'Reckless' Emsworth driver jailed for killing two pensioners on A27 in crash after being refused beer in Leigh Park pub
A ‘RECKLESS’ driver who drank at least six pints of strong lager before killing two women on the A27 and seriously injuring another has been jailed.
‘Drunk’ Ryan Dowling, 29, of Woolmer Street, Emsworth, was refused anymore pints of Stella Artois in the Heron pub, Leigh Park, after ‘having enough’ and for ‘arguing’ with staff before he got behind the wheel of his Ford Focus and drove at ‘excessive speed’.
Portsmouth Crown Court heard how Dowling, now jailed for more than eight years, was weaving in and out of cars performing ‘dangerous’ manoeuvres close to the back of drivers on the A27 before ‘flying past’ them around 10pm on February 27 last year.
But after a number of near misses with other motorists, a group of friends travelling home to Chichester after enjoying a classical concert at Portsmouth Guildhall were hit in the back by Dowling’s car.
The five pensioners travelling in a Renault Zoe were suddenly thrust into by Dowling’s Ford with such force the back of the Renault was totally ‘destroyed’, with severe damage caused to the back seats where the three ladies were sitting.
Gillian Casey, 75, and 80-year-old Elizabeth Wales, known as Anne Wales were both killed in the crash.
Mrs Wales was thrown from the vehicle following the ‘violent’ collision’. Friend Brenda Fitzpatrick was left seriously injured and with a 5cm scar on her forehead.
Both the Renault and the Ford cars careered off the road near Woodmancote.
Anne’s husband Derek had been driving the Renault ‘impeccably’ when it was struck. Both he and Gillian’s husband, Francis, were travelling in the front passenger seat and escaped without any serious physical injuries.
Dowling was also left with serious long-term injuries after suffering brain damage and fractures to his skull.
The speed limit on the road was 70mph and it was concluded by investigators Dowling was driving ‘well in excess’ of that - with other drivers estimating he was travelling at around 100mph.
Prosecutor Ryan Richter said a ‘bang’ was heard upon impact. He said: ‘The Renault span off the road. There was total confusion. There was an explosion of noise.
‘Both vehicles rotated after they collided and came off the carriageway and ended up on trees and undergrowth on the verge of the dual carriageway. It was an extremely violent collision.’
After Dowling was cut free a blood sample showed he had 97mg of alcohol in 100ml blood - with the legal limit being 80mg.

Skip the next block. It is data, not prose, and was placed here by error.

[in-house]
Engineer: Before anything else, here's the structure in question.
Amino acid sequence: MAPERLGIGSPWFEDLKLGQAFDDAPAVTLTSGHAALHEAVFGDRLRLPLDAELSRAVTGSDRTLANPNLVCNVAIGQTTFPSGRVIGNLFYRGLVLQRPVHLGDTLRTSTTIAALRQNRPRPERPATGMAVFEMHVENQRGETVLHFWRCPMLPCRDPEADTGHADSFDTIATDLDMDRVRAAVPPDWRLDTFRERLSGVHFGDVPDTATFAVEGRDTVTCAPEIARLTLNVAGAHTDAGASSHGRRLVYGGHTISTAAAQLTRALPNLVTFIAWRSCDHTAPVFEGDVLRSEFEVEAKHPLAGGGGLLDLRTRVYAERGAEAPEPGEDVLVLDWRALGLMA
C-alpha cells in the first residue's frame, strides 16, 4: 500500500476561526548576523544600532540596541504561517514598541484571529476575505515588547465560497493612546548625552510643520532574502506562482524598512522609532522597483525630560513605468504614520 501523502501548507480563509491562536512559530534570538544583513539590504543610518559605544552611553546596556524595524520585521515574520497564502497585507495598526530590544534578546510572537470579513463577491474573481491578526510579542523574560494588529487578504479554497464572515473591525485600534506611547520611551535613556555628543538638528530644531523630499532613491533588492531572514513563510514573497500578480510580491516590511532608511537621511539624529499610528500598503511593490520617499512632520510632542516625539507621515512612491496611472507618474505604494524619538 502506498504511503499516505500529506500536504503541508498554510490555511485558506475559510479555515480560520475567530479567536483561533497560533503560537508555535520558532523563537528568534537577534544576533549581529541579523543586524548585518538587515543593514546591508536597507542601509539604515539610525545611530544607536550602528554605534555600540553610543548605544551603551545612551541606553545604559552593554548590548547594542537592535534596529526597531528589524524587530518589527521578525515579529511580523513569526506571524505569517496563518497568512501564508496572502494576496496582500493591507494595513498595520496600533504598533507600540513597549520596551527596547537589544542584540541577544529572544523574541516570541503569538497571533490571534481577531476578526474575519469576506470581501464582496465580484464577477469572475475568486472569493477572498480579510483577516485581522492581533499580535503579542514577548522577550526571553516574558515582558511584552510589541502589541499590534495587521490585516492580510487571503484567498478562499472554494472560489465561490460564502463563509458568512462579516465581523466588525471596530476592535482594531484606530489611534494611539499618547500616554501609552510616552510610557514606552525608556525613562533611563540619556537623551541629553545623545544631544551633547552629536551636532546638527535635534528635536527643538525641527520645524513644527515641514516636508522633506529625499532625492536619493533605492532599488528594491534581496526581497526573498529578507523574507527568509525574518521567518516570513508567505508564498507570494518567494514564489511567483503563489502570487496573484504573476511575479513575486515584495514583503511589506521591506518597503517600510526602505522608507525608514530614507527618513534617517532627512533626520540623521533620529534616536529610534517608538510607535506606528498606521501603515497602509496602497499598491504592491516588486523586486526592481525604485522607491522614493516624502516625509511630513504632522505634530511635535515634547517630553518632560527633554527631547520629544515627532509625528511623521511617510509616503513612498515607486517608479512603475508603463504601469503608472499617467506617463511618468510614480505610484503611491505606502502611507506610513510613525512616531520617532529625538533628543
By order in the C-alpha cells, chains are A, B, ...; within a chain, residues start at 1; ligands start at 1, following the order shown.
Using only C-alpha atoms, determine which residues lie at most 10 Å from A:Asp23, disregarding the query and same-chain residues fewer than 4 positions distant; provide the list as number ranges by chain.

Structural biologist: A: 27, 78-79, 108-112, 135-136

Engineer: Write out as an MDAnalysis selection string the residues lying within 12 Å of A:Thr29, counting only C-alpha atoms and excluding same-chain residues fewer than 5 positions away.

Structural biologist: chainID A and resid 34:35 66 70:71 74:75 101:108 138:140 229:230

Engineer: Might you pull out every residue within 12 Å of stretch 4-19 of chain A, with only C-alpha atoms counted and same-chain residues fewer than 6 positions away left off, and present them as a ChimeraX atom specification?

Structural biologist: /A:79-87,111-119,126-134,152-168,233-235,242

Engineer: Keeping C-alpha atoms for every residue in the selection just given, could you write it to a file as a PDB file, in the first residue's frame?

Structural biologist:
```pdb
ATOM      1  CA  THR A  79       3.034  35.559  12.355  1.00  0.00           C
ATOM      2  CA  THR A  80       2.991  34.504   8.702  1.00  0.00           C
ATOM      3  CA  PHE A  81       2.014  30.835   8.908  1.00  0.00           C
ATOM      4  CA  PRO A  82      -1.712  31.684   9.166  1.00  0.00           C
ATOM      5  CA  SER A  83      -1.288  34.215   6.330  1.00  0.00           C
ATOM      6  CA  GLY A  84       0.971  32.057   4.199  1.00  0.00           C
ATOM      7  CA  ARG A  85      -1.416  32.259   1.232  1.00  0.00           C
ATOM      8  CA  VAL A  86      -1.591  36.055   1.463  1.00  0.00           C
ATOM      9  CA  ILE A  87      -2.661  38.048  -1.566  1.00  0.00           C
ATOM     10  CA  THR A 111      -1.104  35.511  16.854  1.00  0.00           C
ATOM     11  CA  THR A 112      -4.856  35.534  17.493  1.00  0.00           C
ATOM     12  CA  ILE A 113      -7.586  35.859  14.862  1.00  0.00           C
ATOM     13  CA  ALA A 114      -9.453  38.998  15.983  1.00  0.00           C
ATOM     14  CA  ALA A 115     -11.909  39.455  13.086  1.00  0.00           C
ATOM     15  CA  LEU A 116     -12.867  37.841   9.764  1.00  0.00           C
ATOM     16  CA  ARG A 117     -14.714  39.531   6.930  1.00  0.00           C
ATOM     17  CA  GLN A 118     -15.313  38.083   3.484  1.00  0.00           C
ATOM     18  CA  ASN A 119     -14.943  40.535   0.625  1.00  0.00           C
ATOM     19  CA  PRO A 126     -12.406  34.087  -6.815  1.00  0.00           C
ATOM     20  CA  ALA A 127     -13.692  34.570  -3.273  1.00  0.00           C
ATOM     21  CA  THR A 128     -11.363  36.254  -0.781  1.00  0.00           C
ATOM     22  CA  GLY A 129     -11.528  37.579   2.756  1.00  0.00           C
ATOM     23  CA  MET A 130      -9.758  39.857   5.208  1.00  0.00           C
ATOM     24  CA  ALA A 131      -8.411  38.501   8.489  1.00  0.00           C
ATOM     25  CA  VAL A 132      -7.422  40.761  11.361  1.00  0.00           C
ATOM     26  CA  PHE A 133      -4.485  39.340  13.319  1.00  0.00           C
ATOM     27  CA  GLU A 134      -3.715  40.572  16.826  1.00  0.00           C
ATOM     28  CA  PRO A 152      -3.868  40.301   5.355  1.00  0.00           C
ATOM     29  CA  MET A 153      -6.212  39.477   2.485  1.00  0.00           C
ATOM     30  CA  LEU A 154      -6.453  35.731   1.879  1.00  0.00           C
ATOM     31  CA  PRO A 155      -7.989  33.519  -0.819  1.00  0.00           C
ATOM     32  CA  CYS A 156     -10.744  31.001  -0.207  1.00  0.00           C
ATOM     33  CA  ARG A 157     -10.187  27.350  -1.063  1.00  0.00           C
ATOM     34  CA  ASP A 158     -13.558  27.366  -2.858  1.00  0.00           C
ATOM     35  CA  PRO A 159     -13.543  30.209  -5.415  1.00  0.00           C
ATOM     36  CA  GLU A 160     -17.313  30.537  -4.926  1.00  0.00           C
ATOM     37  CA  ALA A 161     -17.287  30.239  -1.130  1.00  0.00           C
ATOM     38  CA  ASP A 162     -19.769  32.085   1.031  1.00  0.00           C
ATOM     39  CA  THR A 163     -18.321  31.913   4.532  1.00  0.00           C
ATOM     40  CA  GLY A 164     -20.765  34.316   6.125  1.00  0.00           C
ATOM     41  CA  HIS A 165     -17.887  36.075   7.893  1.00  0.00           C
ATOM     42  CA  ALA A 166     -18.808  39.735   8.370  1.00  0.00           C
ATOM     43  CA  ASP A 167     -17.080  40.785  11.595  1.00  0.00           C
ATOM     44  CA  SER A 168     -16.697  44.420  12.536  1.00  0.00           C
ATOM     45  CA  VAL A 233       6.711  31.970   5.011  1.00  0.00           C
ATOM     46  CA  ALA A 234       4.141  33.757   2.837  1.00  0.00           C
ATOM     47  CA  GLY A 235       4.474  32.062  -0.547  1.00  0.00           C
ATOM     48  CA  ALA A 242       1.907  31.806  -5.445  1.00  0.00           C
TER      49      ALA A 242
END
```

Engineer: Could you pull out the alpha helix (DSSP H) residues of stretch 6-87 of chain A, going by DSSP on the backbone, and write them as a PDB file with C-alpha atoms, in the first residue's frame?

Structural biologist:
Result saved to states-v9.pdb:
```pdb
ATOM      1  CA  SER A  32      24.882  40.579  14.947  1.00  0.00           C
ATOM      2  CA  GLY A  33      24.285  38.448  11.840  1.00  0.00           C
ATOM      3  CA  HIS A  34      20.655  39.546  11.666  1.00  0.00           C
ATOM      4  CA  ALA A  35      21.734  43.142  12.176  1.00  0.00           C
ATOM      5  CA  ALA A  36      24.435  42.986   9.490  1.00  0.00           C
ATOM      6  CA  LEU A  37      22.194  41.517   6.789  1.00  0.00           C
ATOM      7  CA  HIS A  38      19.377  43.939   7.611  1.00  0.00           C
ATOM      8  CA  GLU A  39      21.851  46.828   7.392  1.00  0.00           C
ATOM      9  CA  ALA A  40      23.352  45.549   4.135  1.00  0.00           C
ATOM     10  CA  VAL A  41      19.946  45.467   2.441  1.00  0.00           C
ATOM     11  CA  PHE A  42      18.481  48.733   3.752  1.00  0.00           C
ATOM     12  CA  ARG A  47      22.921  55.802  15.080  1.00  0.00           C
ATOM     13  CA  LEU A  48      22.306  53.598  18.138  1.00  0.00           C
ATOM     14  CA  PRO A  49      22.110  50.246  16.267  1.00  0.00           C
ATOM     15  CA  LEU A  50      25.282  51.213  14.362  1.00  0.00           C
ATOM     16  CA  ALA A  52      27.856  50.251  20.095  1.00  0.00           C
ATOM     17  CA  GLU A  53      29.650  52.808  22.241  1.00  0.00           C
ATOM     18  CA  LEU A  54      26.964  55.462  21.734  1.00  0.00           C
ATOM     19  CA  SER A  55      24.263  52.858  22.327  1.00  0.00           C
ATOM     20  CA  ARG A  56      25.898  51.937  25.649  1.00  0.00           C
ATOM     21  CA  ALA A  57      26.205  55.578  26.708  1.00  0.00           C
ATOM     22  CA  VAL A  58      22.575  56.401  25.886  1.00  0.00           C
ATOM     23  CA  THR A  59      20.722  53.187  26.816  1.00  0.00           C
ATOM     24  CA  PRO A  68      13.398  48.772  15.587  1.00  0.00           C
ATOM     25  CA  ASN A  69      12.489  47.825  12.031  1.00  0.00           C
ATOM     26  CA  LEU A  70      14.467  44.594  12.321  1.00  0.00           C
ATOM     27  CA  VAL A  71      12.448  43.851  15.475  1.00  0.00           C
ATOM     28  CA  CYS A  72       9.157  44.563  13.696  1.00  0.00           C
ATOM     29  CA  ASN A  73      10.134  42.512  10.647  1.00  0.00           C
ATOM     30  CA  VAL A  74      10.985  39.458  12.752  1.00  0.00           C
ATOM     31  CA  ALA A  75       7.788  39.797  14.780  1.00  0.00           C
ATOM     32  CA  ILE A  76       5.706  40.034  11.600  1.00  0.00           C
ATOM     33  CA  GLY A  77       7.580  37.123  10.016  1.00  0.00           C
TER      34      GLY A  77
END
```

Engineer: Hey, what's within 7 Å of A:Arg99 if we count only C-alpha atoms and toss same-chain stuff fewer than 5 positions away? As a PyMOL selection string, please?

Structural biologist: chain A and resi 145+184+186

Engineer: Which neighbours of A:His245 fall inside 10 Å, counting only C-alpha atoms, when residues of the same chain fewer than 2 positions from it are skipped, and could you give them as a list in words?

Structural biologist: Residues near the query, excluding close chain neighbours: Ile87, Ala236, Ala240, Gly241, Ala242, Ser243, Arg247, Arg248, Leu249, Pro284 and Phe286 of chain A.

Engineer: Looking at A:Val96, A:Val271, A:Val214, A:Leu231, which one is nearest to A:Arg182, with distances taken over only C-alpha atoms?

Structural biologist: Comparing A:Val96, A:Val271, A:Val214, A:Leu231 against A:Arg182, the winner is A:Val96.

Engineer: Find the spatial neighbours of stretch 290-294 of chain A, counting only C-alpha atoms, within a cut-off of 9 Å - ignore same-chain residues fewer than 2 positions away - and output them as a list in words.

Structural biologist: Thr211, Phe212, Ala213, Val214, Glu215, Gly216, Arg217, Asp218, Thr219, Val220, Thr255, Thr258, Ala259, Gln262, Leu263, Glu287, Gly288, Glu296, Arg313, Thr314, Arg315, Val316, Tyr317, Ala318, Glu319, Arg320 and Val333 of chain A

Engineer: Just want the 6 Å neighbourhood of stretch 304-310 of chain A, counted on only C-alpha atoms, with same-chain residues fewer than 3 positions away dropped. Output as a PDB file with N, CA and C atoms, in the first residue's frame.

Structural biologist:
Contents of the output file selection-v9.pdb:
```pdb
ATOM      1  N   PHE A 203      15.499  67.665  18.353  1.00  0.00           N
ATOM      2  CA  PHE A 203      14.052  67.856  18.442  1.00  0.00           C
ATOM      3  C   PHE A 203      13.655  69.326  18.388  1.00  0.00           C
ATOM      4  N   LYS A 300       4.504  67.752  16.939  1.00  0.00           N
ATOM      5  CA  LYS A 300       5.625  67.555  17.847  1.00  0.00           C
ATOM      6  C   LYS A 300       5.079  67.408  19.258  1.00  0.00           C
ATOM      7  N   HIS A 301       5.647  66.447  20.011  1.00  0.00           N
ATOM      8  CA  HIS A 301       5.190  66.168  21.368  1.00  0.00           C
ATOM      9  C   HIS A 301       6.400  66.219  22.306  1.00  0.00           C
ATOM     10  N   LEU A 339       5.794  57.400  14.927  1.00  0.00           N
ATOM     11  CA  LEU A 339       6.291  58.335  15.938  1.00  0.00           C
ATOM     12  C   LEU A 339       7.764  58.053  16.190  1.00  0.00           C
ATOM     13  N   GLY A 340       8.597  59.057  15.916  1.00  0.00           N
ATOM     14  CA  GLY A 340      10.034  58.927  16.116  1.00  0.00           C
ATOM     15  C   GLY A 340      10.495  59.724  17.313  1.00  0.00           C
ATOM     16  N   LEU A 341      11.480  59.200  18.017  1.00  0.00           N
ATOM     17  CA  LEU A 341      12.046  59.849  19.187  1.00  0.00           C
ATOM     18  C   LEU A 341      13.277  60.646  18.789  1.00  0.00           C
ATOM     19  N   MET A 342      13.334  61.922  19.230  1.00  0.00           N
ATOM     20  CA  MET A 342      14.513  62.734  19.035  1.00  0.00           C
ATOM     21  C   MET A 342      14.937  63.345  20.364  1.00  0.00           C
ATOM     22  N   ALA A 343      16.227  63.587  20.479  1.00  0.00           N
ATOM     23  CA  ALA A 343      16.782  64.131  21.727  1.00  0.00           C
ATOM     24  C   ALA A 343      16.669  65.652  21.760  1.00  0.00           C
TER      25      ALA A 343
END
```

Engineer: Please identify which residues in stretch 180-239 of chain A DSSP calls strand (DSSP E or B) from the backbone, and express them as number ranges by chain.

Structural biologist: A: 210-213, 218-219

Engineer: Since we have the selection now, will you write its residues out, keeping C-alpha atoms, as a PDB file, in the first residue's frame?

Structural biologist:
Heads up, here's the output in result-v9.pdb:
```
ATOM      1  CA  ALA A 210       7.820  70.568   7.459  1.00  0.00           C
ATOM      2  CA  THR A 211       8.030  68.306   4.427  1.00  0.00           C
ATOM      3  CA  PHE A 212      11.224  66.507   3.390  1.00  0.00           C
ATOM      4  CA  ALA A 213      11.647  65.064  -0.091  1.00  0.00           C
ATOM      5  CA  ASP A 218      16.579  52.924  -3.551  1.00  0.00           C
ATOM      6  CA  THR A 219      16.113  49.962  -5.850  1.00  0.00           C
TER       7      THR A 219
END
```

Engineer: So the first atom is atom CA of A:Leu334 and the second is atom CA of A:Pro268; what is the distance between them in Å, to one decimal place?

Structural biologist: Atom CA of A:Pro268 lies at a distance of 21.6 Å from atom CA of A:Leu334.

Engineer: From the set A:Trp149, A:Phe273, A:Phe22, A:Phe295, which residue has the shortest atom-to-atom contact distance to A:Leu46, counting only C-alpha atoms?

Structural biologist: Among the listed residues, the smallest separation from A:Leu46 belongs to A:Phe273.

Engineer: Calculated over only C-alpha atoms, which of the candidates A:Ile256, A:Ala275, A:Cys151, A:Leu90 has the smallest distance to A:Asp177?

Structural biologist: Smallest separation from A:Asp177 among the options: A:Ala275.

However, experts concluded this was probably higher at the time of impact - with Dowling thought to have been around twice the drink limit at the time of the crash with typical symptoms including being ‘clumsy’ and having ‘reduced alertness’.
The court was told of the ‘devastating’ impact on the families of the ‘sudden and horrific’ loss of Mrs Casey and Mrs Wales - both pillars of the community who ‘would do anything for anyone’. Both raised money and spent much of their time helping good causes.
Dowling pleaded guilty to two charges of causing death by dangerous driving and one of causing serious injury by dangerous driving.
Jailing him for eight and a half years, judge Timothy Mousley QC said: ‘Your driving was dangerous and reckless. You deliberately chose to drive in the way you did.’
He added: ‘You were attempting the same overtaking manoeuvre you had completed twice before. It led to two people losing their lives and it could have been more.
‘(The husbands of Mrs Wales and Mrs Casey) have to live with the horrific memory of what happened.’
Mrs Casey was described by her family as a ‘wonderful person who dedicated her life to her family’ and who ‘worked tirelessly on behalf of others less fortunate than herself in various voluntary and fundraising role’.
After the sentence, they said: ‘It is distressing to think that Dowling received a sentence of only eight-and-a-half years and is likely to be released on licence after having served only half of it. Such a sentence seems woefully inadequate for his inexcusable and utterly selfish conduct causing the deaths of two innocent women and seriously injuring a third.’
The Wales family said their wife, mum, and grandmother was a ‘remarkably generous and loving person to her family and friends and those she encountered in the communities she had lived in’.
Speaking of the sentence they added: ‘We take some measure of satisfaction that justice has been enacted and we thank the police and prosecuting authorities for their professionalism and support throughout the process.
‘However, this sentence cannot erase the devastating effect on our family of Mr Dowling's choice not to exercise any care or responsibility towards his fellow road users that night. This is compounded by the lack of an apology or explanation for his actions to us or the family of Gill Casey.’
Dowling was also previously banned from driving for two and a half years but the judge extended this by another four years.
The court heard Dowling has no relevant previous convictions.